- Paperback: 379 pages
- Publisher: Vintage Crime/Black Lizard; Reissue edition (August 12, 1988)
- Language: English
- ISBN-10: 0394757688
- ISBN-13: 978-0394757681
- Product Dimensions: 5.2 x 0.8 x 8 inches
- Shipping Weight: 12 ounces (View shipping rates and policies)
- Average Customer Review: 1,134 customer reviews
- Amazon Best Sellers Rank: #37,655 in Books (See Top 100 in Books)
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The Long Goodbye Paperback – August 12, 1988
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From Library Journal
Chandler is not only the best writer of hardboiled PI stories, he's one of the 20th century's top scribes, period. His full canon of novels and short stories is reprinted in trade paper featuring uniform covers in Black Lizard's signature style. A handsome set for a reasonable price.
Copyright 2002 Reed Business Information, Inc.
"Raymond Chandler is a master." --The New York Times
“[Chandler] wrote as if pain hurt and life mattered.” --The New Yorker
“Chandler seems to have created the culminating American hero: wised up, hopeful, thoughtful, adventurous, sentimental, cynical and rebellious.” --Robert B. Parker, The New York Times Book Review
“Philip Marlowe remains the quintessential urban private eye.” --Los Angeles Times
“Nobody can write like Chandler on his home turf, not even Faulkner. . . . An original. . . . A great artist.” —The Boston Book Review
“Raymond Chandler was one of the finest prose writers of the twentieth century. . . . Age does not wither Chandler’s prose. . . . He wrote like an angel.” --Literary Review
“[T]he prose rises to heights of unselfconscious eloquence, and we realize with a jolt of excitement that we are in the presence of not a mere action tale teller, but a stylist, a writer with a vision.” --Joyce Carol Oates, The New York Review of Books
“Chandler wrote like a slumming angel and invested the sun-blinded streets of Los Angeles with a romantic presence.” —Ross Macdonald
“Raymond Chandler is a star of the first magnitude.” --Erle Stanley Gardner
“Raymond Chandler invented a new way of talking about America, and America has never looked the same to us since.” --Paul Auster
“[Chandler]’s the perfect novelist for our times. He takes us into a different world, a world that’s like ours, but isn’t. ” --Carolyn See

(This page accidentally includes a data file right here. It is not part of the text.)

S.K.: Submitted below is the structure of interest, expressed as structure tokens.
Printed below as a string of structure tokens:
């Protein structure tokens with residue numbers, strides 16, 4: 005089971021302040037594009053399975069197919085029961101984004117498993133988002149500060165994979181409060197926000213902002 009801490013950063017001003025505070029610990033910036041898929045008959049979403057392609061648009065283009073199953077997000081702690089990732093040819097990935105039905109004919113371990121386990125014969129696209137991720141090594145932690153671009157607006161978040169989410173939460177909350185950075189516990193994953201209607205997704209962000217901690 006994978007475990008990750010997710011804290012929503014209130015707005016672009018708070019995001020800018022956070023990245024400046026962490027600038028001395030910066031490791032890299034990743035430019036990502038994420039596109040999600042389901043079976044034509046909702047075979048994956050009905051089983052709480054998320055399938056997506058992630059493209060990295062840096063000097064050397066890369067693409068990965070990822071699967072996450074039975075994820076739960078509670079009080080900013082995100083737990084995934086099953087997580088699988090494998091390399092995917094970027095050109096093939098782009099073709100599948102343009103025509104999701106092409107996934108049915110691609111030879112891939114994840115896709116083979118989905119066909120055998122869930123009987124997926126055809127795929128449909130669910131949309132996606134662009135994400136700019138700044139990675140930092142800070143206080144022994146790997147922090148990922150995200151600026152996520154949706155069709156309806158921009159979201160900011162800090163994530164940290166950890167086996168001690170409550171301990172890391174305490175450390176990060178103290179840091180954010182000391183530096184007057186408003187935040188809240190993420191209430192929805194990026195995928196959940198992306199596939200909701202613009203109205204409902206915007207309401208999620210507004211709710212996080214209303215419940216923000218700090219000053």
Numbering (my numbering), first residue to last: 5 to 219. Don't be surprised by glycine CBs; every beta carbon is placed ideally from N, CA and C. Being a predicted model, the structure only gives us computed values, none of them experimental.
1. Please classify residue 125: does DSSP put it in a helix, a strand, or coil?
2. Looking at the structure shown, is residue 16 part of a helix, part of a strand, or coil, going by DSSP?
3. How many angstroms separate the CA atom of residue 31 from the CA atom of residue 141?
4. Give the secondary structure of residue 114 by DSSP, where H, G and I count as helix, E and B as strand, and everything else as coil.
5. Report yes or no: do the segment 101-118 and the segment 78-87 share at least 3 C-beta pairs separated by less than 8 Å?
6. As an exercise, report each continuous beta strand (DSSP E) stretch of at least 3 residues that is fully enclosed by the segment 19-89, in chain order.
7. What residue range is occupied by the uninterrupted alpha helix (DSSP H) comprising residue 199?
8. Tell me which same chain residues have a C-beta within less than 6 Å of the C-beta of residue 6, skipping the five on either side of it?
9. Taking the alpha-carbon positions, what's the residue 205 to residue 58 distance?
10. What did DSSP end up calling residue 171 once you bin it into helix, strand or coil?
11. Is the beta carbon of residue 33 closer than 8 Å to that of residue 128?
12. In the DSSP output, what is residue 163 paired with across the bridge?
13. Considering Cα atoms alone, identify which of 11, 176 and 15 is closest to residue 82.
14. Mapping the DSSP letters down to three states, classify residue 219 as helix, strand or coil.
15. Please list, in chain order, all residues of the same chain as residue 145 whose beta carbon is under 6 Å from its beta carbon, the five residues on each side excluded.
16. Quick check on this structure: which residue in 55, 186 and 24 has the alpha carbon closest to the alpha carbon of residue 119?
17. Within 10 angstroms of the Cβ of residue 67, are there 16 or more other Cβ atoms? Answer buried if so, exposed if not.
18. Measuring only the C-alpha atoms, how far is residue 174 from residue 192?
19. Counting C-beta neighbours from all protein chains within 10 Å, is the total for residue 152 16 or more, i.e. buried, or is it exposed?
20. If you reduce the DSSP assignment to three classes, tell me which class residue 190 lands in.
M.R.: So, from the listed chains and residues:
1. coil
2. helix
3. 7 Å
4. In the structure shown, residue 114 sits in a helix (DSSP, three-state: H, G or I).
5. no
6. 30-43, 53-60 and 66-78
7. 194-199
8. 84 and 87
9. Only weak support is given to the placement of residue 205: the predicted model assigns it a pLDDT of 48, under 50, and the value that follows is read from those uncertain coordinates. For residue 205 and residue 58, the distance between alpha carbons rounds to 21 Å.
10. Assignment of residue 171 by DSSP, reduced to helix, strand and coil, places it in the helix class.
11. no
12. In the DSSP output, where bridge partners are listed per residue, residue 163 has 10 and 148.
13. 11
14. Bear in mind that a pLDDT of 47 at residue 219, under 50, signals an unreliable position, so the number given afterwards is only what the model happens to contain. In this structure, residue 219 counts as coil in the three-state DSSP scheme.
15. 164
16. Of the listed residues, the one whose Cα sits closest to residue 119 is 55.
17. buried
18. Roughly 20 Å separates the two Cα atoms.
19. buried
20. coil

Top customer reviews
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Now, about the story. This is the best Phillip Marlowe I have read to date. I scored the story a 5 star, not the typing, as that is not the author's fault. In this book Marlowe is involved in a short case that comes to a quick close and then starts another case. You just know the two have to be connected, or they wouldn't both be in the book, but you can't figure out how, but they do. And the end of the book has an unexpected twist. You seem to suspect this twist, but the closer you get to the end it seems unlikely, but it still ambushes you, I highly recommend.
If that isn't some great noir writing, I don't know what is! To be honest, when I first set about reading The Big Sleep I wasn't sure how I was going to react to it as I spend most of my recreational reading time in sci-fi and fantasy. The idea of reading a "hard-boiled" detective novel was foreign to me. Seeing how I read the entire book in about two and a half weeks, I guess I took to it quite well!
Now I finally understand why Chandler is considered one of America's great writers. His prose is terse and right to the point - sort of like Hemingway, I think. Despite the paucity of words, Chandler still somehow manages to make every sentence seem filled to the brim with lush descriptions and deep meaning, as with the above quote. Here is another:
“She called me a filthy name. I didn't mind that. I didn't mind what she called me, what anybody called me. But this was the room I had to live in. It was all I had in the way of a home. In it was everything that was mine, that had any association for me, any past, anything that took the place of family. Not much; a few books, pictures, radio, chessmen, old letters, stuff like that. Nothing. Such as they were they had all my memories. I couldn't stand her in that room any longer. What she called me only reminded me of that.”